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Tooth Fairy’ Brings Insight To San Diego Autism Researchers

Photo caption: Baby teeth, like those missing in this photo, are helping autism researchers ...

Photo by joebart/Flickr

Baby teeth, like those missing in this photo, are helping autism researchers understand the condition, June 29, 2011

San Diego researchers are using donated baby teeth to get a look inside the autistic brain.

Like most children, autistic kids hate having their blood drawn. And parents don't want to put them through unnecessary invasive procedures.

That's why UC San Diego autism researcher Alysson Muotri studies genetic material that doesn't need to be extracted at all.

"We isolate the cells from the tooth," said Muotri. Through a program called the Tooth Fairy Project, he has convinced parents to send him their kids' baby teeth after they've fallen out. "It's completely non-invasive and it's an easy way to engage the families to participate in the science."

For a study published Tuesday in Molecular Psychiatry, Muotri and his colleagues extracted cells from the teeth of about 300 children. Then they reprogrammed tooth cells into brain cells using stem cell techniques.

When they put the brain cells derived from the teeth of autistic children under the microscope, they saw the hallmarks of autism: neurons of different sizes and shapes, and connection problems between brain cells.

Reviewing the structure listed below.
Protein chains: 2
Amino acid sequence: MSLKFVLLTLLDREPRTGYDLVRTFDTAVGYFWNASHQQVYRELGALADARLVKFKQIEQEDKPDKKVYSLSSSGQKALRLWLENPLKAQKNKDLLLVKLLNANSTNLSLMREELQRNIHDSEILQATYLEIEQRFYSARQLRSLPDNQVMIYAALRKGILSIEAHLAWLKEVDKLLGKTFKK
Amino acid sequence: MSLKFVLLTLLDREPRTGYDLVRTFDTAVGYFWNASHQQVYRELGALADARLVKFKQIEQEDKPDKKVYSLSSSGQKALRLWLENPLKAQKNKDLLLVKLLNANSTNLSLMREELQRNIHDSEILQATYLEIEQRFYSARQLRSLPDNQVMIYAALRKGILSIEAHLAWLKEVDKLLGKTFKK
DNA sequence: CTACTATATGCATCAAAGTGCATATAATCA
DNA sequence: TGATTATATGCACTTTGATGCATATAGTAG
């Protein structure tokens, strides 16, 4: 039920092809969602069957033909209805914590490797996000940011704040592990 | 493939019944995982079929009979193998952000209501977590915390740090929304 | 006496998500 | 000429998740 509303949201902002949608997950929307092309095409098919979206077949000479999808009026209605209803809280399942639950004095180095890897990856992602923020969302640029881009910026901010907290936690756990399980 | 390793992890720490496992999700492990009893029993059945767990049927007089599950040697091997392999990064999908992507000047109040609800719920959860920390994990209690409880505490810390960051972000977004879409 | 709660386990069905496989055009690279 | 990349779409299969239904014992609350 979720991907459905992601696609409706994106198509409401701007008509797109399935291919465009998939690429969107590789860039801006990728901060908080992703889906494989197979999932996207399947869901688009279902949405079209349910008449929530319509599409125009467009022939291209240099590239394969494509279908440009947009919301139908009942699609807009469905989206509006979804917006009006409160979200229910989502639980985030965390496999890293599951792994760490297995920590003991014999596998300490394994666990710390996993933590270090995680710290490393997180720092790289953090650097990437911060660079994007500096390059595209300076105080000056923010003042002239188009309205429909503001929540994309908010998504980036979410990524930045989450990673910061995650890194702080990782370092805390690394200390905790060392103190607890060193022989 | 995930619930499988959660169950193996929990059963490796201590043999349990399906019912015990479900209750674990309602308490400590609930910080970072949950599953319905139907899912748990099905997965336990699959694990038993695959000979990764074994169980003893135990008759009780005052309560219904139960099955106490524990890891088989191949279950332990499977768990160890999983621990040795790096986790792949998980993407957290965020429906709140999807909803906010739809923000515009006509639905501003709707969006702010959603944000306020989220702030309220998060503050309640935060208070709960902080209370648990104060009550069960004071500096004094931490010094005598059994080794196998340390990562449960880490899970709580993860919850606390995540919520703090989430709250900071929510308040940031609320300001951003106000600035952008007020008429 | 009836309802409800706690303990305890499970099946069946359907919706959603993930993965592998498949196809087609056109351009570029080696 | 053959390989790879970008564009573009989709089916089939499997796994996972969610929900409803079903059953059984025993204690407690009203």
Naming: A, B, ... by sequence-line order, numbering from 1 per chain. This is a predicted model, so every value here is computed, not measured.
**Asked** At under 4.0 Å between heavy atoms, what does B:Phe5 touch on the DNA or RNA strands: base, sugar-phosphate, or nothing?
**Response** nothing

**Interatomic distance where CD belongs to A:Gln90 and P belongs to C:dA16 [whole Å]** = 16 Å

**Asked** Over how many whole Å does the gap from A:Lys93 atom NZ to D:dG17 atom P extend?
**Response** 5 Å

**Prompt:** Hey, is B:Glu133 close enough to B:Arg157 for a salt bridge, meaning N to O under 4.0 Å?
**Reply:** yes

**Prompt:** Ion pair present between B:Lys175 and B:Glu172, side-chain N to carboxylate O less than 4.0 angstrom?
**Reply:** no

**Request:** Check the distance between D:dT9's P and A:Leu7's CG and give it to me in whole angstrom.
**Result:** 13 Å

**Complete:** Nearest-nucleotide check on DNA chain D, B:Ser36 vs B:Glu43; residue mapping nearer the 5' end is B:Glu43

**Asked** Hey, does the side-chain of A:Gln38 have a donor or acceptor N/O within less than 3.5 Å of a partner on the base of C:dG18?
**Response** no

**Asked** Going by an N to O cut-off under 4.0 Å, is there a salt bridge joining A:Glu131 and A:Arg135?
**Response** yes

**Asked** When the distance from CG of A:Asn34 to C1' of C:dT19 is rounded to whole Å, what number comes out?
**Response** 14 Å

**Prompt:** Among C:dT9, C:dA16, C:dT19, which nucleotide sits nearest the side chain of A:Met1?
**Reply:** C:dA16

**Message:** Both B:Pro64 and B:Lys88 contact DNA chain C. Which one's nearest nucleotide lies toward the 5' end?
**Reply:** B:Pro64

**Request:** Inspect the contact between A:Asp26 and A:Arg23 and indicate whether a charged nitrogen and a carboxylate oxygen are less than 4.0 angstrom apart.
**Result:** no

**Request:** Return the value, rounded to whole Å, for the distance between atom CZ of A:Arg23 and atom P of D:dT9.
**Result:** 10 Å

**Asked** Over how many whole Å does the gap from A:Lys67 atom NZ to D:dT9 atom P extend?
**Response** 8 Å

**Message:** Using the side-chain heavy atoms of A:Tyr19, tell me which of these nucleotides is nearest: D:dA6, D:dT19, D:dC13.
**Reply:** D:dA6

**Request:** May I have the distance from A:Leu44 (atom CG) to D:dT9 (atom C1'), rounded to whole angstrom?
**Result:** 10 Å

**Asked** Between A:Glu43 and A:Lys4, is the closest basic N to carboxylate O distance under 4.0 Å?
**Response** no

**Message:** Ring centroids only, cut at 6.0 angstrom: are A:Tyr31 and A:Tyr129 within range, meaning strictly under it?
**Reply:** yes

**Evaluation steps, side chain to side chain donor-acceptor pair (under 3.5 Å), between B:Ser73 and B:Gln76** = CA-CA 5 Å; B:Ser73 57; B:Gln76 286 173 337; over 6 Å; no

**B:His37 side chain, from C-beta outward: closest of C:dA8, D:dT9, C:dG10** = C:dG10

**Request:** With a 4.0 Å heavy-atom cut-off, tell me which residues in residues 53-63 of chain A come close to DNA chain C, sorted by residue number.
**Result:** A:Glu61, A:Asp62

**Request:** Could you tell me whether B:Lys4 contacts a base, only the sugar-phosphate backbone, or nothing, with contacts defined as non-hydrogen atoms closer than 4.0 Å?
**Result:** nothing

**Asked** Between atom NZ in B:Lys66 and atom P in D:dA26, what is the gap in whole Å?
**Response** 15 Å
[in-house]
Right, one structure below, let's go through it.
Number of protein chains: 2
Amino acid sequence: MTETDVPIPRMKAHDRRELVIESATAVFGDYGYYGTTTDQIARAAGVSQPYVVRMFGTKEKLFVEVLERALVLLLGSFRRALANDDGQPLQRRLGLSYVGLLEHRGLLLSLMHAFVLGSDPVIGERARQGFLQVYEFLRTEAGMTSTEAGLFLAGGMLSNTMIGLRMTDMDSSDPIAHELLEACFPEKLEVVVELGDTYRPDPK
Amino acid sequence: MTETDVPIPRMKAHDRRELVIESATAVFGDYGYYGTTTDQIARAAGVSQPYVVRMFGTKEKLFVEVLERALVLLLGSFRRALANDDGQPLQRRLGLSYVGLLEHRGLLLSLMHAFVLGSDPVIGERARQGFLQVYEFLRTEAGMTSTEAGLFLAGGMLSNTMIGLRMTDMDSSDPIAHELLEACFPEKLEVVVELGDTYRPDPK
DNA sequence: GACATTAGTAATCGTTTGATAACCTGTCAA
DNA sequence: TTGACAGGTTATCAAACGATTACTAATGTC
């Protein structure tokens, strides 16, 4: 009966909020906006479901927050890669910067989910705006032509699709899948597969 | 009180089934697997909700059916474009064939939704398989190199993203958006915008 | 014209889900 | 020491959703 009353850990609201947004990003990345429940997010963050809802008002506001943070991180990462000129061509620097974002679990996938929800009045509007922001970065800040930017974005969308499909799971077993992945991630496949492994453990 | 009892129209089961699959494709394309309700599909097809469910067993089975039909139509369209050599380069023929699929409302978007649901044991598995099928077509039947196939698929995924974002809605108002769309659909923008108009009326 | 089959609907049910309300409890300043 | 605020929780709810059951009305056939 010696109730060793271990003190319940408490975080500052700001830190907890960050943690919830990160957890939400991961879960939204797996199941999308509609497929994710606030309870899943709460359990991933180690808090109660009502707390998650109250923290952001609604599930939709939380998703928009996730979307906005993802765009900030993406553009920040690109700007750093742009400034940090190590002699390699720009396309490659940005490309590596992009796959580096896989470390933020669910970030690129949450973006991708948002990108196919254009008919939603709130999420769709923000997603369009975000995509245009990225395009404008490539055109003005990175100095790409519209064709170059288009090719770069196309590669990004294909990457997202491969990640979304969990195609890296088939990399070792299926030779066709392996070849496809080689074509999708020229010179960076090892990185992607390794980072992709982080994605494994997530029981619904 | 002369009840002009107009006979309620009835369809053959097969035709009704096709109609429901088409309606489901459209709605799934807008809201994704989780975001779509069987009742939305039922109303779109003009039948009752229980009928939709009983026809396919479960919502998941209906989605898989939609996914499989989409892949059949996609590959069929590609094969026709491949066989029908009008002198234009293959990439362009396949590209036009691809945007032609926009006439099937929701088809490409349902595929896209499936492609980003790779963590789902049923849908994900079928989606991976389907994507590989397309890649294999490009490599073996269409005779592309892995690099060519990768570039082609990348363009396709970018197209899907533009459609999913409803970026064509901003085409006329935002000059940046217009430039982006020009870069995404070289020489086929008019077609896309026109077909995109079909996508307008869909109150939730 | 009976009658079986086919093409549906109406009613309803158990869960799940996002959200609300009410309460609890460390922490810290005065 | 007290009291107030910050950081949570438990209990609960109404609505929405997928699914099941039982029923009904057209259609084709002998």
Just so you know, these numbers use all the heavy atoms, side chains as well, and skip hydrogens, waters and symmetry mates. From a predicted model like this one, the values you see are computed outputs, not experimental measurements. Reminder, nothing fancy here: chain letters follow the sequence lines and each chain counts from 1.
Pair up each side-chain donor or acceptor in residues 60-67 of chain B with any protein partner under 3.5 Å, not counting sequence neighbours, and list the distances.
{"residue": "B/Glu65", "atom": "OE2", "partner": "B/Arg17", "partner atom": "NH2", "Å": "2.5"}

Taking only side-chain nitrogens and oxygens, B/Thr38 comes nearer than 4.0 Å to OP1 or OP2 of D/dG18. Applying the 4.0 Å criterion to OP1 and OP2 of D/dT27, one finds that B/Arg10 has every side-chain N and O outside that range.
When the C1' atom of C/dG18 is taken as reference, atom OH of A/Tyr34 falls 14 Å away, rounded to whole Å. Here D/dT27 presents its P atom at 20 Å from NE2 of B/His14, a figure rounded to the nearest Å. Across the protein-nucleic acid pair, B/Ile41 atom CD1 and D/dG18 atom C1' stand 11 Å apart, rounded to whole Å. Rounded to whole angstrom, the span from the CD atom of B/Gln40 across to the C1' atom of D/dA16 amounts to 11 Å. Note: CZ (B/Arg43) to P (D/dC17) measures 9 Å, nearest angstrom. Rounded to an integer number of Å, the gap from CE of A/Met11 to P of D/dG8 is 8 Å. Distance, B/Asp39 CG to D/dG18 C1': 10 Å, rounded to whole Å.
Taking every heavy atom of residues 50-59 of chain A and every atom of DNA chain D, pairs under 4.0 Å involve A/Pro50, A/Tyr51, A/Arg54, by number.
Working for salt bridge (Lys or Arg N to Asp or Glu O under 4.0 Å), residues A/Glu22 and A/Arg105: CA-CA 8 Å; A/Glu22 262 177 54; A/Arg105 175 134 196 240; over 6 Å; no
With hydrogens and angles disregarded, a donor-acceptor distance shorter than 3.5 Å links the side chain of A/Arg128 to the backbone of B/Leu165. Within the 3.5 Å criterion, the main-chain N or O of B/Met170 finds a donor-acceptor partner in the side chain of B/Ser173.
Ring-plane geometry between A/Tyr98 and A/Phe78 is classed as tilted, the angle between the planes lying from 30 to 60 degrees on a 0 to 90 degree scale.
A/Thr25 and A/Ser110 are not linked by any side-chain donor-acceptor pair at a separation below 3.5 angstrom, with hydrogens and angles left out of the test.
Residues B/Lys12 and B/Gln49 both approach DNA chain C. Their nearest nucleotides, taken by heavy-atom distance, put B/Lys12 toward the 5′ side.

But the genetics behind these physiological markers remain a mystery in many cases. To try to find mutations that could be leading to autism, Muotri sequenced the genomes of his research subjects. He was able to pinpoint a specific mutation underpinning one patient's brain features.

Muotri said, "Because we knew the gene, we were able to find one drug, called hyperforin." It's a compound that regulates the gene they'd identified. When they experimented with hyperforin on lab-grown neurons, the researchers saw promising results.

"By treating the neurons with this drug, we were able to revert them so they behaved like normal neurons," Muotri said.

Muotri admits this particular genetic mutation is probably not common among people with autism. But he says continuing to carry out studies like this can help personalize the understanding of autism down to each individual patient, and ultimately could help guide the search for broad autism therapies.

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